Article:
[...] Mr. Musk responded on his social media platform to say that he hadn't disabled the service but had rather refused to comply with an emergency request from Ukrainian officials to enable Starlink connections to Sevastopol on the occupied Crimean peninsula. That was in effect an acknowledgment that he had made the decision to prevent a Ukrainian attack.
After Musk's tweets, Mykhailo Podolyak, an adviser to Ukrainian President Volodymyr Zelenskyy, tagged the billionaire in a post on X that claimed "civilians, children are being killed" because of the unavailability of Starlink's services.
Isaacson, whose book excerpt was the basis of CNN's initial report, issued his own clarification on Sept. 8, acknowledging that Starlink had not been enabled in Crimea in the first place:
To clarify on the Starlink issue: the Ukrainians THOUGHT coverage was enabled all the way to Crimea, but it was not. They asked Musk to enable it for their drone sub attack on the Russian fleet. Musk did not enable it, because he thought, probably correctly, that would cause a major war.
Then, during the All-In Summit that took place on Sept. 10-12, 2023, Musk again addressed the topic of Starlink access in Crimea. The recording from Musk's speech at the conference was shared on Sept. 13, 2023, on the All-In Podcast YouTube channel:
Musk now claimed that at the time of the in-question situation, Starlink access around Crimea was not turned on. The reason was because the U.S. had imposed sanctions on Russia, and SpaceX was not allowed to turn on connectivity in Crimea without explicit government approval. Moreover, Musk said, Ukraine didn't give SpaceX any "advance warning or heads up." He said he got urgent calls from the Ukrainian government in the middle of the night saying that he needed to turn on Starlink access in Crimea.
Comparing the situation to the Japanese attack on Pearl Harbor in 1941, Musk claimed that the Ukrainian government was asking SpaceX to "proactively take part in a major act of war." He said that SpaceX was supporting Ukraine, but the Ukrainian government was not in charge of U.S people or companies, adding "that's not how it works." He added that although he's not U.S. President Joe Biden's biggest fan, if he had received a presidential directive to turn on Starlink connectivity in Crimea, he would have done so, because he does "regard the president as the chief executive officer of the country." But no such requests came through, he said.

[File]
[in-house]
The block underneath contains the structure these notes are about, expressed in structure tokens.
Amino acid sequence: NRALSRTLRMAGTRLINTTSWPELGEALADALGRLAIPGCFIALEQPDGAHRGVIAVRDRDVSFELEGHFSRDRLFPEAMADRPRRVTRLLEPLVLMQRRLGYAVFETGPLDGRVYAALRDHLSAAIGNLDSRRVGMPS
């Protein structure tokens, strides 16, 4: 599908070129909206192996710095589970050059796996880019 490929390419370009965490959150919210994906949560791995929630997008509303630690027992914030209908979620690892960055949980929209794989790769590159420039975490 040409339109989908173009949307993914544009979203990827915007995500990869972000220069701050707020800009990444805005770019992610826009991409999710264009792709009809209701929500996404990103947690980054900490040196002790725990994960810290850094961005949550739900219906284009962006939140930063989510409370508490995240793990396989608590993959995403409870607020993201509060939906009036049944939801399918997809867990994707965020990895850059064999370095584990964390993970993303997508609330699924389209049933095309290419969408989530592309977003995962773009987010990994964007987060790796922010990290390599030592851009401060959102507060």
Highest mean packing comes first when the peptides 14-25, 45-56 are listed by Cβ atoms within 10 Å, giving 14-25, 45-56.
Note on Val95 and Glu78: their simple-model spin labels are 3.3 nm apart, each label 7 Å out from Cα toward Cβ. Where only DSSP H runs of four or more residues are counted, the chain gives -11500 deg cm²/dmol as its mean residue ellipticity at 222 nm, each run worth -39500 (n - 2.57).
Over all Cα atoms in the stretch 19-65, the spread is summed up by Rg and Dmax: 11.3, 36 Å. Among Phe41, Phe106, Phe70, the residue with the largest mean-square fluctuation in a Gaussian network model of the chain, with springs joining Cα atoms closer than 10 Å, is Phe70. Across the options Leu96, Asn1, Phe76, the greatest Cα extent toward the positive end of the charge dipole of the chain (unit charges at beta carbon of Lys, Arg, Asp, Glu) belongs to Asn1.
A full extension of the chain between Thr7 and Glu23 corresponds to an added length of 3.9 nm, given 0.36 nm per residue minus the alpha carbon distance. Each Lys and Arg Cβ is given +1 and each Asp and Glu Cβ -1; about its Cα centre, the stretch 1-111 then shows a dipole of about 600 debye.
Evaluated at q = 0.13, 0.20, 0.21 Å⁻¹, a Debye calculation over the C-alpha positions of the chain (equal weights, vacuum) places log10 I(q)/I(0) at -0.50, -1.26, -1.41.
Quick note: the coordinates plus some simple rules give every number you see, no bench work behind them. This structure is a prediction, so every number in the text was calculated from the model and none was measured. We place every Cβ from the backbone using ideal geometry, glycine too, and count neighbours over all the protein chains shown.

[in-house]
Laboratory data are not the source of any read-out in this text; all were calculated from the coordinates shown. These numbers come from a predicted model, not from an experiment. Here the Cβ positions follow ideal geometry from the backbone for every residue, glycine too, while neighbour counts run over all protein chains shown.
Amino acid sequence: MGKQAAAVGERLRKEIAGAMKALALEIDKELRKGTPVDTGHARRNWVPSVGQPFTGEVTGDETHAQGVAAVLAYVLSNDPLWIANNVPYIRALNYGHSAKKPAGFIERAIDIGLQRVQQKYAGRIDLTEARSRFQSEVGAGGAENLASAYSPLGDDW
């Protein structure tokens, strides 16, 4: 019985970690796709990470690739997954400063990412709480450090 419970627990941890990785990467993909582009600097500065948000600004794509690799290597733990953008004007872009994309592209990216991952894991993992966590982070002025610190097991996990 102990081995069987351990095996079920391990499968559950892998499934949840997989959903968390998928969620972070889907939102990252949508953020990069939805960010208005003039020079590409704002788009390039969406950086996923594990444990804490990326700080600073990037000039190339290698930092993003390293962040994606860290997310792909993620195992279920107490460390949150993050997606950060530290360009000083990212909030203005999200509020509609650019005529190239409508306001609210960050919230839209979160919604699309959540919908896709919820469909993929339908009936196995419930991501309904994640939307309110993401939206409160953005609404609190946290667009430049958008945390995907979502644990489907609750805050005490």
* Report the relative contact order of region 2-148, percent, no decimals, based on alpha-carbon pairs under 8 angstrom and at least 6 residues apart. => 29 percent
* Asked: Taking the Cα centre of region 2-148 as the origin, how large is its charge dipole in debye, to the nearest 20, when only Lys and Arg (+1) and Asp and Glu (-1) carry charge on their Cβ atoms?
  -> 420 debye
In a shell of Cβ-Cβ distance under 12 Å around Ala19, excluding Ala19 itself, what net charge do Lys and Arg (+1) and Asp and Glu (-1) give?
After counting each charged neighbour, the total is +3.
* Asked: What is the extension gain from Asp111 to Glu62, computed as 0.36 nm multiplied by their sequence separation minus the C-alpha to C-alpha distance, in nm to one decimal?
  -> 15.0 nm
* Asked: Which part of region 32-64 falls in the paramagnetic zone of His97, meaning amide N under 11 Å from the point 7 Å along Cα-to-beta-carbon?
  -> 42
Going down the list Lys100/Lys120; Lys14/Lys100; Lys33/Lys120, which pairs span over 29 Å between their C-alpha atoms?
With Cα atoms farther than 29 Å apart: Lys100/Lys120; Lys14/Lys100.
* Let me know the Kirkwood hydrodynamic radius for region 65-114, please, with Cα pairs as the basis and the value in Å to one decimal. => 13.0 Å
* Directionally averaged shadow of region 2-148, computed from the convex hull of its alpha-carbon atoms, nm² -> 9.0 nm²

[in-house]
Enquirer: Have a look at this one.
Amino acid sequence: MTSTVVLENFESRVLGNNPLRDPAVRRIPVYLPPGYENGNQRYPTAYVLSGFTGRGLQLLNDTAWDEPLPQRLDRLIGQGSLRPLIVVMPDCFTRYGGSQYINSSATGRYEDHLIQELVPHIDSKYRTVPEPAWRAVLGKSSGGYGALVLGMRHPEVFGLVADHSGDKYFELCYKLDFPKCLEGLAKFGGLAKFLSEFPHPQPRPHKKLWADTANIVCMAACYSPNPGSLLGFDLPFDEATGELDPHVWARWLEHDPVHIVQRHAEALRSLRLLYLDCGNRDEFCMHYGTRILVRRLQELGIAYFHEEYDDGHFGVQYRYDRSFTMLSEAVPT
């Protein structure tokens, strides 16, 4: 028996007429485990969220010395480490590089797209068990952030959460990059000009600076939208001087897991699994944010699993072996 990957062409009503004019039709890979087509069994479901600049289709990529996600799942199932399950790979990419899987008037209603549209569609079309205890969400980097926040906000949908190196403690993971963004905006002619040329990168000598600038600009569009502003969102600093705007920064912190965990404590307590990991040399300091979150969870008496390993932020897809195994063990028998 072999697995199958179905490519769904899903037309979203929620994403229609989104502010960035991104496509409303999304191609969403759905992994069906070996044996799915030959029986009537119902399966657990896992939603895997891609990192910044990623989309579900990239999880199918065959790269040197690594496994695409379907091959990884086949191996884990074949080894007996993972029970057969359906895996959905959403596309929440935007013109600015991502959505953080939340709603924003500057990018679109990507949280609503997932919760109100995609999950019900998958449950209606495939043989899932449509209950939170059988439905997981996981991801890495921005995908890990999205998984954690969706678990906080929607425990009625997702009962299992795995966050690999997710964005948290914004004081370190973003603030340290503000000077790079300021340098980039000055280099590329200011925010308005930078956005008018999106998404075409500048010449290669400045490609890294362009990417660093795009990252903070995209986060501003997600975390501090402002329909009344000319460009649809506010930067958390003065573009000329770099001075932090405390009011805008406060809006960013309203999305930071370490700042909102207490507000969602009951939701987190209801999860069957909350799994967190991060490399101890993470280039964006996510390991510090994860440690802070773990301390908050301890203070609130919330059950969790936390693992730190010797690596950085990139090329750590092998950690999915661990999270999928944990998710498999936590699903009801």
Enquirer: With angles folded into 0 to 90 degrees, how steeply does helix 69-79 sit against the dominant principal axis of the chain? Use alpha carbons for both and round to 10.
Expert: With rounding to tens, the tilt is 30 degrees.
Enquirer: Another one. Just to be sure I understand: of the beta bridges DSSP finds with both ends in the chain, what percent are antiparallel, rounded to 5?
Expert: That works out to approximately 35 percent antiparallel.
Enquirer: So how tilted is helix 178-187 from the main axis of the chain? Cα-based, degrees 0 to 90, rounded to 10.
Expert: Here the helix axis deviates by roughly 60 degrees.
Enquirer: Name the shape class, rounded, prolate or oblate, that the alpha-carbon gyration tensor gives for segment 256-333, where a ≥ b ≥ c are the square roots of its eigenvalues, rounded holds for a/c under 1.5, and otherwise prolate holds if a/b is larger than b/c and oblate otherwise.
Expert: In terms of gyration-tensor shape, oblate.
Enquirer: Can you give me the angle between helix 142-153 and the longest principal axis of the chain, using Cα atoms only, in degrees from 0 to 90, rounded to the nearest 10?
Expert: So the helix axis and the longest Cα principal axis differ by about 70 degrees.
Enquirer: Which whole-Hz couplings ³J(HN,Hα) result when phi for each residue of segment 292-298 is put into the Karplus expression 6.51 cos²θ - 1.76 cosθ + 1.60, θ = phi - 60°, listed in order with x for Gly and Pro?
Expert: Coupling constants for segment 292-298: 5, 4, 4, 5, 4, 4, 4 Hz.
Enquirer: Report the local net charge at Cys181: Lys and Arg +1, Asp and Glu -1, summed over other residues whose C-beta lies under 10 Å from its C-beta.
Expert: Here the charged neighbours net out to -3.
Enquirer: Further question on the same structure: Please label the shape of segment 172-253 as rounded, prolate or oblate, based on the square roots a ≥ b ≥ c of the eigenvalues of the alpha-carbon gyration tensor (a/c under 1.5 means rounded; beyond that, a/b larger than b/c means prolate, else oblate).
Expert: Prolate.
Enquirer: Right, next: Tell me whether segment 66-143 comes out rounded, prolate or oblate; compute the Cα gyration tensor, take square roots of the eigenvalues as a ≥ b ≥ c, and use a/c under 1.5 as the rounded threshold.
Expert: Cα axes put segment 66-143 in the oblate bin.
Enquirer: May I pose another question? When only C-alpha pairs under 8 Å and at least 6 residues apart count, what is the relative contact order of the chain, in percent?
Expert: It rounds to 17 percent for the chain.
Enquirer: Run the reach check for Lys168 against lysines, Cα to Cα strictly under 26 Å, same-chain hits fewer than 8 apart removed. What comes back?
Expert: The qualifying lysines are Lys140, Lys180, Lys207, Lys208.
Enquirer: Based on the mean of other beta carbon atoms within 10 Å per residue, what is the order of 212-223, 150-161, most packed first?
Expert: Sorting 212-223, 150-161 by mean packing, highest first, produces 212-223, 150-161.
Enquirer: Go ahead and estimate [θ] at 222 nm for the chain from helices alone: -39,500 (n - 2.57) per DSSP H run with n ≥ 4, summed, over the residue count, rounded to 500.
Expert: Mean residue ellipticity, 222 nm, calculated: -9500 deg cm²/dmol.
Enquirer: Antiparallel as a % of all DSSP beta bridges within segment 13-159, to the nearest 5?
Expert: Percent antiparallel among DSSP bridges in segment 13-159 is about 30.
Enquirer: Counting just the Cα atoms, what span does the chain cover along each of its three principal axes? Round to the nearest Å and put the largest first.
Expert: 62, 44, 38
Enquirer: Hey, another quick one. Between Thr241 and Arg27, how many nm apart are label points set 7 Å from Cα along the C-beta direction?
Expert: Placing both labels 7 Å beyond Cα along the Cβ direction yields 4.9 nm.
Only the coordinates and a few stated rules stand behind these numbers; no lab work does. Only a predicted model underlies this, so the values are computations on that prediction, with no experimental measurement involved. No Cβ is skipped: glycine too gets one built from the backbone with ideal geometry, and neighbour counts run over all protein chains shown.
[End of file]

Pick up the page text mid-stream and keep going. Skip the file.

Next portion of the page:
We have reached out to the U.S. Department of Treasury for confirmation that the existing U.S. sanctions would prohibit activating Starlink access in Crimea, but as of this writing, we have not received a reply. Moreover, we contacted Mykhailo Fedorov, deputy prime minister for innovation, education, science and technology development and minister of digital transformation of Ukraine, and we will update this article if or when we receive a response.
The Book That Prompted CNN's Article
This is the description of "Elon Musk" by Walter Isaacson on publisher Simon & Schuster's website:
From the author of Steve Jobs and other bestselling biographies, this is the astonishingly intimate story of the most fascinating and controversial innovator of our era—a rule-breaking visionary who helped to lead the world into the era of electric vehicles, private space exploration, and artificial intelligence. Oh, and took over Twitter.
The biography, as the description continued, documents two years of encounters between Isaacson and Musk:
For two years, Isaacson shadowed Musk, attended his meetings, walked his factories with him, and spent hours interviewing him, his family, friends, coworkers, and adversaries. The result is the revealing inside story, filled with amazing tales of triumphs and turmoil, that addresses the question: are the demons that drive Musk also what it takes to drive innovation and progress?
Snopes reached out to Isaacson for more details about Musk, Starlink and Crimea, but we have not received a reply.